The Champion

November/December 2008 , Page 54 

Search the Champion Looking for something specific?

Preview of Member Only Content

For full access: login or Become a Member Join Now

White Collar Crime

By Kathryn Keneally

Read more White-Collar Crime columns.

The Second Circuit’s Decision in U.S. v. Stein: The End of the Holder-Thompson-McNulty Era

The prosecutor defined cooperation as requiring witnesses to “‘tell the truth’ the … way we … define it.”1 Those words, which are quoted more than halfway through the Second Circuit’s recent decision in United States v. Stein, are at the heart of what has been wrong with the government’s policies under the Holder, Thompson, and McNulty memoranda, and are at the core of what cost the government its indictments of 13 former partners and employees of the accounting firm KPMG.

The indictment in Stein was heralded by the government as the largest criminal tax prosecution in history. At issue were transactions that were structured to avoid tax liability, or as the government prefers, alleged abusive tax shelters. The charges focused on four transactions, which were known by the acronyms BLIPS, FLIP, OPIS, and SOS. The government in effect contends that the sole reason for taxpay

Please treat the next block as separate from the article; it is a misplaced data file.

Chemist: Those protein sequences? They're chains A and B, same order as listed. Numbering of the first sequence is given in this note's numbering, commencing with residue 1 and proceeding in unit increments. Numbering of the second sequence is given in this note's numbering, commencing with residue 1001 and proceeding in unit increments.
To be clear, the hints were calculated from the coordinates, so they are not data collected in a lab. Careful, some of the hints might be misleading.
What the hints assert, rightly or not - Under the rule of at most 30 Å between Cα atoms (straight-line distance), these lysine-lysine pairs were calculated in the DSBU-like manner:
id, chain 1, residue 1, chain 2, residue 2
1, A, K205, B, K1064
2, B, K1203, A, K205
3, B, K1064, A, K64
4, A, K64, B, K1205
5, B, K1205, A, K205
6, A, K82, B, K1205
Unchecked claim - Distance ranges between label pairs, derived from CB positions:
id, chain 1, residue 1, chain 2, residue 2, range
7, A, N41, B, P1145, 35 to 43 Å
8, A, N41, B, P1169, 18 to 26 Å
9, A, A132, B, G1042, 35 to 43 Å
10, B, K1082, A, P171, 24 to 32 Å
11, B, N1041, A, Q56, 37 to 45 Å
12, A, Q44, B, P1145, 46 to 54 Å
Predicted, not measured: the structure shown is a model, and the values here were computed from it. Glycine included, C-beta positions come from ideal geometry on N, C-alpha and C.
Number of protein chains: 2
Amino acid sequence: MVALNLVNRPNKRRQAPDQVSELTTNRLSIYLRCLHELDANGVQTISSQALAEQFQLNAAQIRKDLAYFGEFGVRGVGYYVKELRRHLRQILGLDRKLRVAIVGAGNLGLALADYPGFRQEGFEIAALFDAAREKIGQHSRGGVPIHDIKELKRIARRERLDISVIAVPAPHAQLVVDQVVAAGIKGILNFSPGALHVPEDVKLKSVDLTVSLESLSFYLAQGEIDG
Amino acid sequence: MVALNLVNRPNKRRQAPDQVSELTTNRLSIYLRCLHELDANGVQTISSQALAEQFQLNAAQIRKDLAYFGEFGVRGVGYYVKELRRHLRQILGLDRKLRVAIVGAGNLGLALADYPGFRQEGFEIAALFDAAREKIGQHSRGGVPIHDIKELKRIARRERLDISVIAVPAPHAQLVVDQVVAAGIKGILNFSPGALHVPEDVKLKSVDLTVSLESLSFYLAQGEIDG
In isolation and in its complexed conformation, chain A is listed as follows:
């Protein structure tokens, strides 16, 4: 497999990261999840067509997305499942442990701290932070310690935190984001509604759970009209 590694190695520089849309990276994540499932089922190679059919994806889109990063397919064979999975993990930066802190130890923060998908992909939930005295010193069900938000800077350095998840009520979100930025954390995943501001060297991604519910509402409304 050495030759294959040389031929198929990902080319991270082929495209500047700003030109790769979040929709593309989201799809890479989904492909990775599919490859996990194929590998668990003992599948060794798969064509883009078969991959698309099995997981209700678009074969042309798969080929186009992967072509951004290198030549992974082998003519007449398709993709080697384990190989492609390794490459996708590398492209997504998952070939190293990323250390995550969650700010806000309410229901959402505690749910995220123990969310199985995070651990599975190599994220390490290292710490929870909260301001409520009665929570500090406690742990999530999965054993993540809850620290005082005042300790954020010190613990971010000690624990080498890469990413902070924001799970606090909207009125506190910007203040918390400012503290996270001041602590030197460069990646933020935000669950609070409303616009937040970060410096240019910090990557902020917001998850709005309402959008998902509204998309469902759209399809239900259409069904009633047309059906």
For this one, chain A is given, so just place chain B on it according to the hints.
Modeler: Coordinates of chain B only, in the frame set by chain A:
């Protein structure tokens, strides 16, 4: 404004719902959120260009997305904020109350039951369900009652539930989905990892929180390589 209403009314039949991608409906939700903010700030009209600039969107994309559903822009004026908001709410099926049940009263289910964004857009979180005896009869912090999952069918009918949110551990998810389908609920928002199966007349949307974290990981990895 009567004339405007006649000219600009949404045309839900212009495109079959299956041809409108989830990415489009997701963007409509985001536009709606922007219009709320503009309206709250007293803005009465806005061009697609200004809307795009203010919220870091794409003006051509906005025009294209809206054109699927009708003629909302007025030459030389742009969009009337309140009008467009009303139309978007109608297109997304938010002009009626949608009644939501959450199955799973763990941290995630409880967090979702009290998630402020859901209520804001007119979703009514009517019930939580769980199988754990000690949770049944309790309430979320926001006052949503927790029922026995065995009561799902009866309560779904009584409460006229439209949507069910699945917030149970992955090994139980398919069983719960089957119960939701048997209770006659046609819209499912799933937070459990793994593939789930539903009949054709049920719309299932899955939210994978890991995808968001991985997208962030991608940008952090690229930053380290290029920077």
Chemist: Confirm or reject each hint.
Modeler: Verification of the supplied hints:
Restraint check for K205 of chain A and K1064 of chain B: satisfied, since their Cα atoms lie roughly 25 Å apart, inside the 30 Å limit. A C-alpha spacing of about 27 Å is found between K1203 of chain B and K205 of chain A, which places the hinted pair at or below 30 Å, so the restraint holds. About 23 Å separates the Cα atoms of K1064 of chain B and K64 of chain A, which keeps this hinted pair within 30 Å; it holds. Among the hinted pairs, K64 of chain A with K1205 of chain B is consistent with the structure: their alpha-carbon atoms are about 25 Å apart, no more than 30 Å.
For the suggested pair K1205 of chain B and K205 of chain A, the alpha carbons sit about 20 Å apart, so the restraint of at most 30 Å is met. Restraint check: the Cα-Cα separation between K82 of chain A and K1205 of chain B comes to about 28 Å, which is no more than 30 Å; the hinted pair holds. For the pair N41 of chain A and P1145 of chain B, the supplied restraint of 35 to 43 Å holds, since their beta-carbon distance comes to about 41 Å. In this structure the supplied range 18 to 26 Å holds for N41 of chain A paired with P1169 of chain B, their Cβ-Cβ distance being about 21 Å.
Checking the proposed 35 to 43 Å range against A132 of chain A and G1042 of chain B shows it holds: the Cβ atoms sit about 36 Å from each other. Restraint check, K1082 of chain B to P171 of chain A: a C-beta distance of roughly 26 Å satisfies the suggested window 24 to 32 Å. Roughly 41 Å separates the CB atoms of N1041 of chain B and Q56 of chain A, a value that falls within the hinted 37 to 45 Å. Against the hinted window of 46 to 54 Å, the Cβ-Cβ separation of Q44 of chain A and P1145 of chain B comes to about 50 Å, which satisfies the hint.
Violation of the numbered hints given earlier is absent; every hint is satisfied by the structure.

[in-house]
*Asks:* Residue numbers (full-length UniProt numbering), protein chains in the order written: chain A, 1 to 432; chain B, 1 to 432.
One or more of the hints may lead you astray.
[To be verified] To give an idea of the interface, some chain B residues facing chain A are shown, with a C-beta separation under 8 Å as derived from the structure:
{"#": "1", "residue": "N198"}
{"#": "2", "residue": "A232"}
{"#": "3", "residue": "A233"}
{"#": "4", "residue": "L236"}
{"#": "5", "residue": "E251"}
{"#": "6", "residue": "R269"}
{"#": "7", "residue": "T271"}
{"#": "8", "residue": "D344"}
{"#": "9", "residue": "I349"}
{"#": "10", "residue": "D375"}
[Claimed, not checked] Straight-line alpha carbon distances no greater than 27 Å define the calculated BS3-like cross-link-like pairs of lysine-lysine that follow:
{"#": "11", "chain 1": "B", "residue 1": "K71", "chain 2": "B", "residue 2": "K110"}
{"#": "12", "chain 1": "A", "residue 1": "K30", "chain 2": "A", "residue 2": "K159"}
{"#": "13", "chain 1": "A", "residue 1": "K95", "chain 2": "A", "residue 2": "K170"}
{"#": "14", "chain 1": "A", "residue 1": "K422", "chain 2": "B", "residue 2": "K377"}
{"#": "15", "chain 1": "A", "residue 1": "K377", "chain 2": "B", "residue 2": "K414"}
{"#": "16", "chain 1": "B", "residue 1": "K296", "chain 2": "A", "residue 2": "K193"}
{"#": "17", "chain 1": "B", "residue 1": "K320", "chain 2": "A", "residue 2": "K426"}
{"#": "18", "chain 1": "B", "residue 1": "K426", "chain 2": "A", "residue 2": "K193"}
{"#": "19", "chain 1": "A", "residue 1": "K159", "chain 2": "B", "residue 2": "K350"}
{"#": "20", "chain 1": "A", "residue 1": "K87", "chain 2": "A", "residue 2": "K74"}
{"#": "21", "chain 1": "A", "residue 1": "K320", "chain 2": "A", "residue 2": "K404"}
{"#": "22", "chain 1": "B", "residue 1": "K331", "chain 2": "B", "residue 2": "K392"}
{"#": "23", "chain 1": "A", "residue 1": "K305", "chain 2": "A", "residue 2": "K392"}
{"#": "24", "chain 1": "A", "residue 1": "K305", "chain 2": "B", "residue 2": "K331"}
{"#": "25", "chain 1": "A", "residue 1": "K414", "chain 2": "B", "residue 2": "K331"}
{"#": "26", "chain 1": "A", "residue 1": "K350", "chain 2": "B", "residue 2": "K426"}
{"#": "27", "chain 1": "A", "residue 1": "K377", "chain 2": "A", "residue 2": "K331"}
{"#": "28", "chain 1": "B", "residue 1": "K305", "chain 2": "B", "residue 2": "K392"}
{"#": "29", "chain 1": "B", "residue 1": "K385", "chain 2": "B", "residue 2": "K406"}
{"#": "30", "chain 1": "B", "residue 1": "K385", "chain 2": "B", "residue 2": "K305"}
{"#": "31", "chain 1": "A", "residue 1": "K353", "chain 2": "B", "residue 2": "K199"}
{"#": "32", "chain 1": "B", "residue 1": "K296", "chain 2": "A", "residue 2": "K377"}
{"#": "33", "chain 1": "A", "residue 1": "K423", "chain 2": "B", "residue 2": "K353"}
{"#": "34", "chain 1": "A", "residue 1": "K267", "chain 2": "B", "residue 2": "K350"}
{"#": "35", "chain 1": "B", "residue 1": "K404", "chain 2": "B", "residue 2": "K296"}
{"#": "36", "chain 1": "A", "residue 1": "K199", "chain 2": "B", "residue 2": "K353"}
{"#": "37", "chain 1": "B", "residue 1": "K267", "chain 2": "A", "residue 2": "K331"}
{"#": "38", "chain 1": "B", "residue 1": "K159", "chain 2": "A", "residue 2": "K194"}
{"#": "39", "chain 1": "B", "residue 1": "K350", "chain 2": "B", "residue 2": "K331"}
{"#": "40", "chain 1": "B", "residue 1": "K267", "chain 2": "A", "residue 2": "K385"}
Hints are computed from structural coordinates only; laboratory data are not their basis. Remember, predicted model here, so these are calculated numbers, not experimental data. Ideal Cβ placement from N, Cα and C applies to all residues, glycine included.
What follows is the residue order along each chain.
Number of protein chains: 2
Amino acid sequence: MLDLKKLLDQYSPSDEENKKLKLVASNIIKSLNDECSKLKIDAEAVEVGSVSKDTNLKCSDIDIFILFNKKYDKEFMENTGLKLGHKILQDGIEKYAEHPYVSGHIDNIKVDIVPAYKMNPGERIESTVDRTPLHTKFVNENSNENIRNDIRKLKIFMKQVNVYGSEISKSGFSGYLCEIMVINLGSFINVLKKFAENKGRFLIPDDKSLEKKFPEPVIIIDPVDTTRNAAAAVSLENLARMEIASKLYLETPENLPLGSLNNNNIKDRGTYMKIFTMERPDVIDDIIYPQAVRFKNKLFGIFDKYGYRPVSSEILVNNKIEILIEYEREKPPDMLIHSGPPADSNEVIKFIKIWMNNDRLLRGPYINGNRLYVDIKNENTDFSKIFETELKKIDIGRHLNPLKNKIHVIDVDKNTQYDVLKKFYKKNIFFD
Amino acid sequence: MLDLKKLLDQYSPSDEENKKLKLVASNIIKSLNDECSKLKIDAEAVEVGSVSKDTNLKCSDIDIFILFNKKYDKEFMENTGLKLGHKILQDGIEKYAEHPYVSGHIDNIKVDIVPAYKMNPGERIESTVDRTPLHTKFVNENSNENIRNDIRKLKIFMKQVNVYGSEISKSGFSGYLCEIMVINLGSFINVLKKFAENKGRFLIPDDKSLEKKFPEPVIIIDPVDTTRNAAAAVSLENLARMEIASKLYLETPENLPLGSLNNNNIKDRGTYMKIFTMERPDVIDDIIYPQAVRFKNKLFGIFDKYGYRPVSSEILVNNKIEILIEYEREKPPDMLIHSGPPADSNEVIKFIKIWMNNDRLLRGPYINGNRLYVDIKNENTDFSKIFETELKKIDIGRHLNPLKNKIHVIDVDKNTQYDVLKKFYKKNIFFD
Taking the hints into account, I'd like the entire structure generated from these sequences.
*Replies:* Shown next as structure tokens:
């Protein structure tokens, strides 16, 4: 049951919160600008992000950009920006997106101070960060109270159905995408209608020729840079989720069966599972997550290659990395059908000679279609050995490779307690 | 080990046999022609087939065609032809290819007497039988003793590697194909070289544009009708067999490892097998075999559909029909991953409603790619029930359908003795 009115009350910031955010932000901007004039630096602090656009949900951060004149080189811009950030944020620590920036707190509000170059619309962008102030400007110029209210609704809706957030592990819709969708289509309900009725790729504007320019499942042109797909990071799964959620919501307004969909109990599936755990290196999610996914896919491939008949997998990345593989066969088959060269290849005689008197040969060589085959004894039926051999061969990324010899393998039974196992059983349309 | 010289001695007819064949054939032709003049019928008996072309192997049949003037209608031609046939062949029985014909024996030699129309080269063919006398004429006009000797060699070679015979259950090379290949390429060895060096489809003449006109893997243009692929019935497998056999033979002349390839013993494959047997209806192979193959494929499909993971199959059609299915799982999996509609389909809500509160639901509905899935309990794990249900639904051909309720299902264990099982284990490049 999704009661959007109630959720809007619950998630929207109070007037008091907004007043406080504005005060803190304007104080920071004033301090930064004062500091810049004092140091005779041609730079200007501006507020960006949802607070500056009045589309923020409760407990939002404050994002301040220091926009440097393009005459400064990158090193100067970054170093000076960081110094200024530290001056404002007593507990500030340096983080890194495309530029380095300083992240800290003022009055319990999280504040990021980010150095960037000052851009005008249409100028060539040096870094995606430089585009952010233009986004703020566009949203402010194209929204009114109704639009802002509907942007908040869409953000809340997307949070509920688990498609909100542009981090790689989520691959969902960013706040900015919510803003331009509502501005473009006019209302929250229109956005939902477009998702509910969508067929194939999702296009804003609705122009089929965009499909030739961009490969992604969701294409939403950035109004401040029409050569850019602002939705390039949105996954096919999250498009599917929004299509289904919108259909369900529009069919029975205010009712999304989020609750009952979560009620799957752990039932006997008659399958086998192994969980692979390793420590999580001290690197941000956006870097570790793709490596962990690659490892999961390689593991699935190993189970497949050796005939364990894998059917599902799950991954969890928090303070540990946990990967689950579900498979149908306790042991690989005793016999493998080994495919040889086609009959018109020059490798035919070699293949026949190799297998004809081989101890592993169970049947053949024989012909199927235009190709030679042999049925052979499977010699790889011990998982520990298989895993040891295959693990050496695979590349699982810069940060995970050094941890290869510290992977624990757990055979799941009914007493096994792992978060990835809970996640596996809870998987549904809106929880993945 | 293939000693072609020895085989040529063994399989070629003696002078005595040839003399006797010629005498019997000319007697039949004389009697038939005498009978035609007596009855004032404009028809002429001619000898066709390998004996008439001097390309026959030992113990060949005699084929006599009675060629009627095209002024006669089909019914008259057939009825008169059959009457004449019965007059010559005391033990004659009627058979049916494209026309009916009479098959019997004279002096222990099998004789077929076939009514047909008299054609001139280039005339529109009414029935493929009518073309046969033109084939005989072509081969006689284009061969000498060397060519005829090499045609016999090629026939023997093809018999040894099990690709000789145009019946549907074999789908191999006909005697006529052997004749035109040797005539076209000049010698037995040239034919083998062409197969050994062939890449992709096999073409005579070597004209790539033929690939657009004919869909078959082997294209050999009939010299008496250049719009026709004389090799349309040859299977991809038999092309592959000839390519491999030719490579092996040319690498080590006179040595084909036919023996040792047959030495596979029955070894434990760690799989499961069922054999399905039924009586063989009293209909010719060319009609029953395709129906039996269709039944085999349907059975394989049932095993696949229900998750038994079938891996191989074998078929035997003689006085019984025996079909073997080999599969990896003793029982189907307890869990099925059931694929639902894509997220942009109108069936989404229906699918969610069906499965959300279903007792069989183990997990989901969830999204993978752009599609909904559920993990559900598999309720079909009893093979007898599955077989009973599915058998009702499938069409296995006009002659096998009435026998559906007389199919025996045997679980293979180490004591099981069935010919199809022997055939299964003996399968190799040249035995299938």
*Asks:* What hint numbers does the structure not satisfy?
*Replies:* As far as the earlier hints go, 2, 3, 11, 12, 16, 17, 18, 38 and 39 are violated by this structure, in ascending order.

Want to read more?

The Champion archive is reserved for NACDL members.

NACDL members, please login to read the rest of this article.
login

Not a member? Join now.
Join Now
Or click here to see an overview of NACDL Member benefits.

See what NACDL members say about us.

To read the current issue of The Champion in its entirety, click here.

  • Media inquiries: Contact NACDL's Director of Public Affairs & Communications Ivan J. Dominguez at 202-465-7662 or idominguez@nacdl.org
  • Academic Requests: Full articles of The Champion Magazine are available for academic and research purposes in the WestLaw and LexisNexis databases.

In This Section

Advertisement Advertise with Us
ad